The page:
As shown generally in FIG. 3, and in greater detail in FIGS. 4 and 5, the secondary beam 170 is directed through the secondary collimator 160 onto the secondary monitoring device 180. The secondary collimator 160 is also made of an X-ray impervious material, such as a 1 mm thick plate of tungsten or tantalum, preferably having at least one geometric shaped opening for defining the aperture 162. The precollimator 194, if used, may be integral with the secondary collimator 160 or a separate component. It is preferable that both the precollimator 194 and the secondary collimator 160 be as close to the focal spot 42 as possible and that the primary collimator 60 be as far from the focal spot 42 as space allows. The secondary collimator 160 includes the aperture 162 shaped so that the secondary beam 170 has a predetermined geometric cross-section. The geometric pattern, for example, can be rhomboidal or diamond shaped as shown in FIG. 4, or rectangular or square as suggested in FIG. 5. The secondary monitoring device 180 preferably comprises a plurality of X-ray detectors arranged in a stacked array as best seen in FIGS. 4 and 5. In particular, the detectors are arranged in a linear array extending along a longitudinal axis indicated at 208. Each detector of the array includes a detecting surface and the detectors of surfaces of the detectors are all in a common plane parallel to or coplanar with the longitudinal axis 208. As shown in the drawing, sixteen detectors, indicated at 182a-182p, are used in the preferred system. The secondary monitoring device 180 is oriented such that any movement of the focal spot 42 along the Z'-axis causes the secondary beam 170 to move along a path along the longitudinal axis 208, transversely crossing the detectors in the stacked array as indicated by the bidirectional arrow 220. The output of each detector 182a-182p is proportional to the magnitude of the X-ray flux incident upon the detector during each projection view. As shown in FIGS. 4 and 5, the preferred embodiment contemplates the detector array 180 consisting of 16 individual detectors. The outer most detectors 182a and 182p function as guard detectors. The secondary monitoring device 180 is positioned such that over the expected range of movement of the focal spot 42, the beam 170 will not fall on either guard detector 182a and 182p. This provides a margin of safety because if radiation is sensed by either of the guard detectors 182a or 182p, its output signal would be greater than zero and a malfunction would be presumed to exist. This condition causes the control system 184 to produce a signal shutting down the source 40 and indicating to the operator by any suitable means, such as an alarm or a monitor (not shown) used to view the reconstructed image, that an error exists. Under these circumstances the outputs of guard detectors 182a and 182p can be summed together and processed through a single line 230h, as indicated in FIG. 5. The remaining intermediate detectors 182b-182o are grouped into adjacent pairs forming detector channels 230a-230g, i.e., adjacent pairs of detectors 182b and 182c, 182d and 182e, 182f and 182g, 182h and 182i, 182j and 182k, 182l and 182m, and 182n and 182o are connected together as seen in FIG. 5 so that the output signals of each of the detectors of each pair are summed together and transmitted through lines 230a-230g. This results in eight pairs of detectors producing eight output signals. The output of each pair is summed together and fed into the control system 184. As indicated in FIG. 5, the control system 184 preferably includes means, for example in the form of sample and hold circuits indicated at 240, for sampling the analog signal provided over each line 230a-230h during predetermined intervals. The sample and hold circuits can each provide an output to an analog to digital (A/D) converter 260 for converting each analog signal to a digital value. Where only one A/D converter is used for the eight sample and hold circuits, a multiplexer (not shown) is used for sequentially applying the sampled signals to the single A/D converter, a technique which is well known.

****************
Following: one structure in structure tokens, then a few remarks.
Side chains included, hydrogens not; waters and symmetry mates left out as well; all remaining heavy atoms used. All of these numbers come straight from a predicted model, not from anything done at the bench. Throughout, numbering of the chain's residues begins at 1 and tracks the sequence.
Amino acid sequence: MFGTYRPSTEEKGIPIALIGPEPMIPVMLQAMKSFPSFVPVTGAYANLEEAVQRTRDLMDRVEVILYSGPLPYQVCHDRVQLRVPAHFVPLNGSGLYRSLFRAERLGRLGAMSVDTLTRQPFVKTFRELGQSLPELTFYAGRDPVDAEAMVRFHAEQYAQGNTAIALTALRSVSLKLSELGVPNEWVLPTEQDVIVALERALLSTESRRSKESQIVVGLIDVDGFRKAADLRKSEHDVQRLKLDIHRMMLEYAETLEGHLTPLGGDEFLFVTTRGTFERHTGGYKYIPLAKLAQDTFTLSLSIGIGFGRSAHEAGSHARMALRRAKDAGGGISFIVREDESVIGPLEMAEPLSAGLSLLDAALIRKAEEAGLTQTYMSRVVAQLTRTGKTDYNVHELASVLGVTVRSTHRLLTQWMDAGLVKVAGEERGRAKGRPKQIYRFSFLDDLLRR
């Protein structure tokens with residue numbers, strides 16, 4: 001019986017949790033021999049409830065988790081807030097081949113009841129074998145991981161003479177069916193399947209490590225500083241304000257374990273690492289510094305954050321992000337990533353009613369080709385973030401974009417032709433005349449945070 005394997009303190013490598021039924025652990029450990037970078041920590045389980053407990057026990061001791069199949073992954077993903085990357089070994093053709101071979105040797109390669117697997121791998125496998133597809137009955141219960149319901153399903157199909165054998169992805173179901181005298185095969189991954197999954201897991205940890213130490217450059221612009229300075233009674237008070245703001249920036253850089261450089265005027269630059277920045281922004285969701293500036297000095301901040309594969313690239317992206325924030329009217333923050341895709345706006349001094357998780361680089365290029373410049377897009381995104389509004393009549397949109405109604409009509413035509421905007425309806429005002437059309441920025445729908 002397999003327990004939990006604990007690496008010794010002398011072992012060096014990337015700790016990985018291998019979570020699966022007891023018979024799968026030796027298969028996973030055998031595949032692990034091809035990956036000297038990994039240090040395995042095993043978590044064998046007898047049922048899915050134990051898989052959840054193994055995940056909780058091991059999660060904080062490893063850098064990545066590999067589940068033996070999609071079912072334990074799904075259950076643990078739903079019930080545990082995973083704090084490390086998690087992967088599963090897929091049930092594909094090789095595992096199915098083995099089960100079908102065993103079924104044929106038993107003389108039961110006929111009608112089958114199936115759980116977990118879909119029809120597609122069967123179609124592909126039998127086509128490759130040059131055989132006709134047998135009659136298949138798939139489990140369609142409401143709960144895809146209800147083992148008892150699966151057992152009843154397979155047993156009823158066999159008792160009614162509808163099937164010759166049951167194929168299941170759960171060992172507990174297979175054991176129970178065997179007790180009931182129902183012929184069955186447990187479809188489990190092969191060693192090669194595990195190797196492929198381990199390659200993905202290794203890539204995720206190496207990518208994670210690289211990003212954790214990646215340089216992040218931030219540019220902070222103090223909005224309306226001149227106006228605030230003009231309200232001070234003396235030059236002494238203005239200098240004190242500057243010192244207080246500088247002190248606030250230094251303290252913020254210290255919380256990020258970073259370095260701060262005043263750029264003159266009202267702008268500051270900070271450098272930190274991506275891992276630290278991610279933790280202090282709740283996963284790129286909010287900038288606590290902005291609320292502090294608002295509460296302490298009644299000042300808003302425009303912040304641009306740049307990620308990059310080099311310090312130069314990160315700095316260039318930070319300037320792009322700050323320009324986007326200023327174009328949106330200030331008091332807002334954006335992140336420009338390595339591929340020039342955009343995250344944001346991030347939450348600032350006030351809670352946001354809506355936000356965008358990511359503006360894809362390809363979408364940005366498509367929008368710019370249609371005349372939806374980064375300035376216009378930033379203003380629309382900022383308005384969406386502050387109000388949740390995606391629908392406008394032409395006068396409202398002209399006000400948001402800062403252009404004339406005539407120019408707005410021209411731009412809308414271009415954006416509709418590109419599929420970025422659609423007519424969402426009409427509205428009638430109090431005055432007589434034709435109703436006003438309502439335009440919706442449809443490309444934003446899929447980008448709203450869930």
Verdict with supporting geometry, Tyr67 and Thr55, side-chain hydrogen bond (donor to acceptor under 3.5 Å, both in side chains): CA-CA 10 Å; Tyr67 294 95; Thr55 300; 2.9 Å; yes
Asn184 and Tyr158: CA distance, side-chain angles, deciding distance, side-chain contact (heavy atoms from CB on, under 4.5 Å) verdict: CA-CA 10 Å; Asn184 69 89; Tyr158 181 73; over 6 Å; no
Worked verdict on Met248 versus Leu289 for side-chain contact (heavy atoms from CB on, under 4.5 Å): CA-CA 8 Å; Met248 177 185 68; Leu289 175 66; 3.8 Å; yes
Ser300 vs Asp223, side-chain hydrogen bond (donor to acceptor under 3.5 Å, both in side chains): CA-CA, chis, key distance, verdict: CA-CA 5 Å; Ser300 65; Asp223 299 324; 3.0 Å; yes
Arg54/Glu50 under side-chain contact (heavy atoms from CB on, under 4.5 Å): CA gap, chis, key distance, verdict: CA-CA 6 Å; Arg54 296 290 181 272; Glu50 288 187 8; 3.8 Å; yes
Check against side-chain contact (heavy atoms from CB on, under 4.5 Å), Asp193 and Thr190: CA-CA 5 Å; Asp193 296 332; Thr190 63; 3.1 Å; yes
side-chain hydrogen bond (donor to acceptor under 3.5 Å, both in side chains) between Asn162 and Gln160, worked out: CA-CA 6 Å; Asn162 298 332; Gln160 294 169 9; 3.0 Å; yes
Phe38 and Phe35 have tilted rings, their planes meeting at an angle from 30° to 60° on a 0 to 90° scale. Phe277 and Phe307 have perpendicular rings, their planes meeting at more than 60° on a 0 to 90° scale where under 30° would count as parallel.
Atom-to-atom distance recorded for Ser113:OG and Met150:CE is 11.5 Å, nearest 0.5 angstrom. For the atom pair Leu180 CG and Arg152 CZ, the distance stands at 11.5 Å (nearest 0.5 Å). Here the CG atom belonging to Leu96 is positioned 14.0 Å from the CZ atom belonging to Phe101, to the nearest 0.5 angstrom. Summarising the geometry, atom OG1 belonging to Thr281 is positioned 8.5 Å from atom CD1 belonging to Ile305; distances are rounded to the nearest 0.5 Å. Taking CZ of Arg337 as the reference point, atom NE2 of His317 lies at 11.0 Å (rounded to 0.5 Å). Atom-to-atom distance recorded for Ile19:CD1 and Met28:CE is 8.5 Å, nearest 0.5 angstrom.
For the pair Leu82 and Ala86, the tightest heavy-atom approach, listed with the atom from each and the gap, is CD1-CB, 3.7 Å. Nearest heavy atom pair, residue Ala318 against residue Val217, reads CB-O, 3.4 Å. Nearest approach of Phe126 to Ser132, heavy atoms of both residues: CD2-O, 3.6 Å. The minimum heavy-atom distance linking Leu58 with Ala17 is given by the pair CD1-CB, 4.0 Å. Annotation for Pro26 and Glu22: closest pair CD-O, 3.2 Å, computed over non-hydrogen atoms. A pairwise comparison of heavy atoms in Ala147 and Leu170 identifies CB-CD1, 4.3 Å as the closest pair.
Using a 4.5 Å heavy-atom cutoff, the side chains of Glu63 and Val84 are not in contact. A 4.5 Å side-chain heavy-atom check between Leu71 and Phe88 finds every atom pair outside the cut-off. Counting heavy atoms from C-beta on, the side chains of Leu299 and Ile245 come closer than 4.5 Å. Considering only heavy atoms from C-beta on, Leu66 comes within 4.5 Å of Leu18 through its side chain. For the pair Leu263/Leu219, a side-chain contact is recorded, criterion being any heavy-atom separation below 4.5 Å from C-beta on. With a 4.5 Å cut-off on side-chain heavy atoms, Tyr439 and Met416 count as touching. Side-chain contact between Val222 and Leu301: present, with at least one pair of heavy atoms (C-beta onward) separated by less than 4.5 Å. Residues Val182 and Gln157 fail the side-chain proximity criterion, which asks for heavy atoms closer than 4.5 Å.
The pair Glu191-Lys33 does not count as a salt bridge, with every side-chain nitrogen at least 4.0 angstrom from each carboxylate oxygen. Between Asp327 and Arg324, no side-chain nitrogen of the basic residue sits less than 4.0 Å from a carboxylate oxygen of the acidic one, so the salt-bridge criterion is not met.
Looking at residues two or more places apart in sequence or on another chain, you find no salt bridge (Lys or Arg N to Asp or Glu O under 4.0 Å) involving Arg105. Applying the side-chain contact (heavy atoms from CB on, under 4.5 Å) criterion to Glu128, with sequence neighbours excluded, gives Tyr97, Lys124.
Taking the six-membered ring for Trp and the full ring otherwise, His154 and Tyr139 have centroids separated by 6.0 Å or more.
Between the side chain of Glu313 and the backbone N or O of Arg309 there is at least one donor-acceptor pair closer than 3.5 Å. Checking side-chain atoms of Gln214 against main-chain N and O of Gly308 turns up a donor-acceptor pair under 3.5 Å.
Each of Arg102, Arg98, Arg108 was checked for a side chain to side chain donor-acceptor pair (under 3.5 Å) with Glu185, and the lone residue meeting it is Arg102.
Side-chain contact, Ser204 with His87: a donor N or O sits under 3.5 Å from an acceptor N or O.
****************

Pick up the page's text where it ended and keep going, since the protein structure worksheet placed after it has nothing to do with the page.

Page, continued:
The preferred control system 184 also includes a microprocessor 270 with associated memory and input/output subsystems for controlling the components of system 184 as well as the actuating device 190, and for storing data.